Electrifying the future

Burwood Brickworks, VIC. Frasers Property Australia and Australand Holdings. 6 Star Green Star - Communities v1.

25 Mar 2022

Start preparing for a future where rooftops are a resource, where an electric vehicle is a big battery and where virtual power plants become income streams for building owners.

Last week, our audience at TRANSFORM heard how building owners are already leasing their rooftops to third parties and car park operators are exploring discounted parking to EV owners. They heard how virtual power plants could bring together a building’s distributed energy resources – rooftop solar, batteries, electric vehicles and smart appliances – into a single power source, connected to the energy market.

Australia is in prime position to leverage its already significant investment in small-scale renewables, said the Smart Energy Council’s Dr Gabrielle Kuiper. She has just published a report on virtual power plants and the future of energy retailing, and estimates that Australian consumers have spent around $15 billion on residential rooftop solar. A further $140 billion was ahead as Australians electrified their cars.

We need to think differently about distributed energy, Gabrielle observed. An EV battery is six-to-10 times larger than a wall battery, she said “and you get a free car”. Bringing these distributed resources together will deliver “faster, cheaper decarbonisation” and create new sources of value.

EVs are heading our way at speed, said Paul Sansom, Managing Director of Volkswagen Group Australia. The car of the future will “function as a power source on wheels”. Volkswagen is planning to invest an eyewatering $115 billion in EV R&D by 2025 alone, Paul noted, and almost all the brands in its stable – which includes Audi, Lamborghini, Bentley and Porsche – will be electric by 2040.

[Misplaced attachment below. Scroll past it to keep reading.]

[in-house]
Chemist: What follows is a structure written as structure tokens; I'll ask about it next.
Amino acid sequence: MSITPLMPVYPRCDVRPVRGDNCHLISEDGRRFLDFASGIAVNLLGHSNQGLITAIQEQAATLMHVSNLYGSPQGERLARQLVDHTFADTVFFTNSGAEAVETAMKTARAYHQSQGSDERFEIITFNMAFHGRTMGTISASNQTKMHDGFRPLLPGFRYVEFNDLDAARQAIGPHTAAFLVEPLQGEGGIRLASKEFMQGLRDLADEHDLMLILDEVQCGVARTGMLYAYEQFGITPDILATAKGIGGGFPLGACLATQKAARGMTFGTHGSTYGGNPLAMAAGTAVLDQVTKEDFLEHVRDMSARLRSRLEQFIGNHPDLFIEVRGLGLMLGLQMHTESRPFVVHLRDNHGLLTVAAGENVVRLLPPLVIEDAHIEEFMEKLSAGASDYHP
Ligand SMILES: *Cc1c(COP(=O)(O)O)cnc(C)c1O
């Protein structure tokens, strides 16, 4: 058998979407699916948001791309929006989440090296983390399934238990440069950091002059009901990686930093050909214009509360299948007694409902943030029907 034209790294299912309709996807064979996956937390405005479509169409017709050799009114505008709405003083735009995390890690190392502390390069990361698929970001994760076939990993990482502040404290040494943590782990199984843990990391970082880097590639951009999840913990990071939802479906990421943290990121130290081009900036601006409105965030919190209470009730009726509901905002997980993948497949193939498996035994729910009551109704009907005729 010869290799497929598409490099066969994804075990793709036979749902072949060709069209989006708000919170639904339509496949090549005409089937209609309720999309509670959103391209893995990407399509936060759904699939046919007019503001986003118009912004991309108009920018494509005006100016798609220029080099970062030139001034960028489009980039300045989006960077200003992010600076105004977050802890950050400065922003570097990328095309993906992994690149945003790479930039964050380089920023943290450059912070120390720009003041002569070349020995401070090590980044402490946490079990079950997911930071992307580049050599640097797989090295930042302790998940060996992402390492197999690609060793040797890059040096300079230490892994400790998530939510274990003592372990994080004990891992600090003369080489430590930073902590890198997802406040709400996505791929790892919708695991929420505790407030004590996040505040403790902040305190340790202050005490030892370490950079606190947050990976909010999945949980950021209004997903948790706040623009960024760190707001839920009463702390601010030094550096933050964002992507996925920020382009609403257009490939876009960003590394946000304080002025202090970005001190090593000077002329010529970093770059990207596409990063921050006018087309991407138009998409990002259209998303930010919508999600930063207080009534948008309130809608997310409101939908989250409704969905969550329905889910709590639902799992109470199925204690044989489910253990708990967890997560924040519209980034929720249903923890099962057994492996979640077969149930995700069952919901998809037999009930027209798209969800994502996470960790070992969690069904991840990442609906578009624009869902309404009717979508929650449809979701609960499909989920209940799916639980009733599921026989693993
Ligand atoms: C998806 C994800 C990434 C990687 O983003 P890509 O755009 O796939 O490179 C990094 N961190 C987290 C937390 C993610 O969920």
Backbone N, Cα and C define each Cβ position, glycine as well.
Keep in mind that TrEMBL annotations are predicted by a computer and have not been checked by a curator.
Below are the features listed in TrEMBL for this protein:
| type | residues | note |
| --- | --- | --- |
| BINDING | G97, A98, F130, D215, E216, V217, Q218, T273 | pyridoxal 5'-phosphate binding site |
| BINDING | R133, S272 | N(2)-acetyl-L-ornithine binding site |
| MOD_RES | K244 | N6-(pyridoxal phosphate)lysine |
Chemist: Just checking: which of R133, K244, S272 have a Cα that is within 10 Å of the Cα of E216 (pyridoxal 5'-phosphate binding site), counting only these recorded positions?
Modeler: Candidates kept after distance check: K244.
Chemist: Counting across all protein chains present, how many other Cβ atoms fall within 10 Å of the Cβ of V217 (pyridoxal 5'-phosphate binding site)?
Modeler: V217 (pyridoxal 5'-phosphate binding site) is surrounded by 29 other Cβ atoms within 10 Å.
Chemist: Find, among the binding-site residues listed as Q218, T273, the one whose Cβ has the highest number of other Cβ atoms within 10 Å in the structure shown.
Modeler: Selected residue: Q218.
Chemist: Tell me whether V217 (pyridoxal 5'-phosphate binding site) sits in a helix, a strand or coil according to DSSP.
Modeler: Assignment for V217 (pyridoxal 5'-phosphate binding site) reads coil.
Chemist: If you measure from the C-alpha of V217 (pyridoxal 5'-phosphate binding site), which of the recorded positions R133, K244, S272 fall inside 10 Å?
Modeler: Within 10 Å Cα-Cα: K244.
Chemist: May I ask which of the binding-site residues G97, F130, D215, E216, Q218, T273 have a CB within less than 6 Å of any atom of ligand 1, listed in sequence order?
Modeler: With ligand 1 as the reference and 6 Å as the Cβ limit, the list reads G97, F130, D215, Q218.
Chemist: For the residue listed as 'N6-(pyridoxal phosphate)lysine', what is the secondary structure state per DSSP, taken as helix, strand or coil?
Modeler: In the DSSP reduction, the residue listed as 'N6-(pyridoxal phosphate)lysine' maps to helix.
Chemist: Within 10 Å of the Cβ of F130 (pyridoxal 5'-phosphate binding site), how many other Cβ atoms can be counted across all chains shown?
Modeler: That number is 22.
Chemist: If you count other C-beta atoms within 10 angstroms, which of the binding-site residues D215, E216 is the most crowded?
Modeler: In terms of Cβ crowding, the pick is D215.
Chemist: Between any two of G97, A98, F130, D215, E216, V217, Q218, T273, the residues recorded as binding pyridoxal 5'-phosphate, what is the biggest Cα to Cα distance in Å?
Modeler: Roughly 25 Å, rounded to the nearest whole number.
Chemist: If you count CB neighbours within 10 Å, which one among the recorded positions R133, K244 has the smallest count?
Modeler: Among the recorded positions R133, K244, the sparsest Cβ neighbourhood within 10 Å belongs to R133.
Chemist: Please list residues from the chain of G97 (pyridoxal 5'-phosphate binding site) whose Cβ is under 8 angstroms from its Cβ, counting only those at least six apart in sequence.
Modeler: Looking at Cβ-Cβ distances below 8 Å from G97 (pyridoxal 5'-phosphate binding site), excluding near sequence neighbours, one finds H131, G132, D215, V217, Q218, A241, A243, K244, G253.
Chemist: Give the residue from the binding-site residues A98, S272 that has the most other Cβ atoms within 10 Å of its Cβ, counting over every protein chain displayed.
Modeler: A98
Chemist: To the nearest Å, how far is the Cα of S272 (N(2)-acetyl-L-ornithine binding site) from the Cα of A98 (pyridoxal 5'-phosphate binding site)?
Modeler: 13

But is the property industry responding with buildings that are fully electric and EV-ready?

The GBCA launched a new resource at TRANSFORM: A practical guide to electrification. Developed in partnership with Cundall and supported by the Clean Energy Finance Corporation and NSW Government, the guide lays out the case for electrification and dispels the myths.

The biggest barrier to electrification is not technical, it is to overcome an industry and consumer mindset that gas is more efficient than electric. The Energy Efficiency Council’s CEO Luke Menzel called gas the “elephant in the plant room”.

TRANSFORM offered several case studies of where the market was moving. All of Cbus Property’s apartments will be 100% electric, said Chief Executive Officer Adrian Pozzo. Why? An “intergenerational” shift is underway, he noted. The average age of the superfund’s members is 39 and they are looking for action on climate.

Plan for a future without gas, is the message.

To achieve a world-leading 6 Star Green Star rating, any new building or major refurbishment must be fossil fuel free – and this will apply to 5 Star buildings from 2023 and 4 Star buildings from 2026.

Similarly, NABERS will soon introduce a Renewable Energy Indicator, which will disclose the amount of renewable energy used by a building. Only all-electric buildings running on 100% renewables will achieve a 100% score on NABERS’ indicator.

The Property Council's General Manager for Sustainability and Regulatory Affairs, Francesca Muskovic told TRANSFORM’s audience she was still having conversations with building owners and projects teams who were pursuing gas, despite NABERS, Green Star and regulation “changing rapidly”. “Don’t do it. Be bold. Pursue electrification instead,” she said.

Download the GBCA’s new resource:

A practical guide to electrification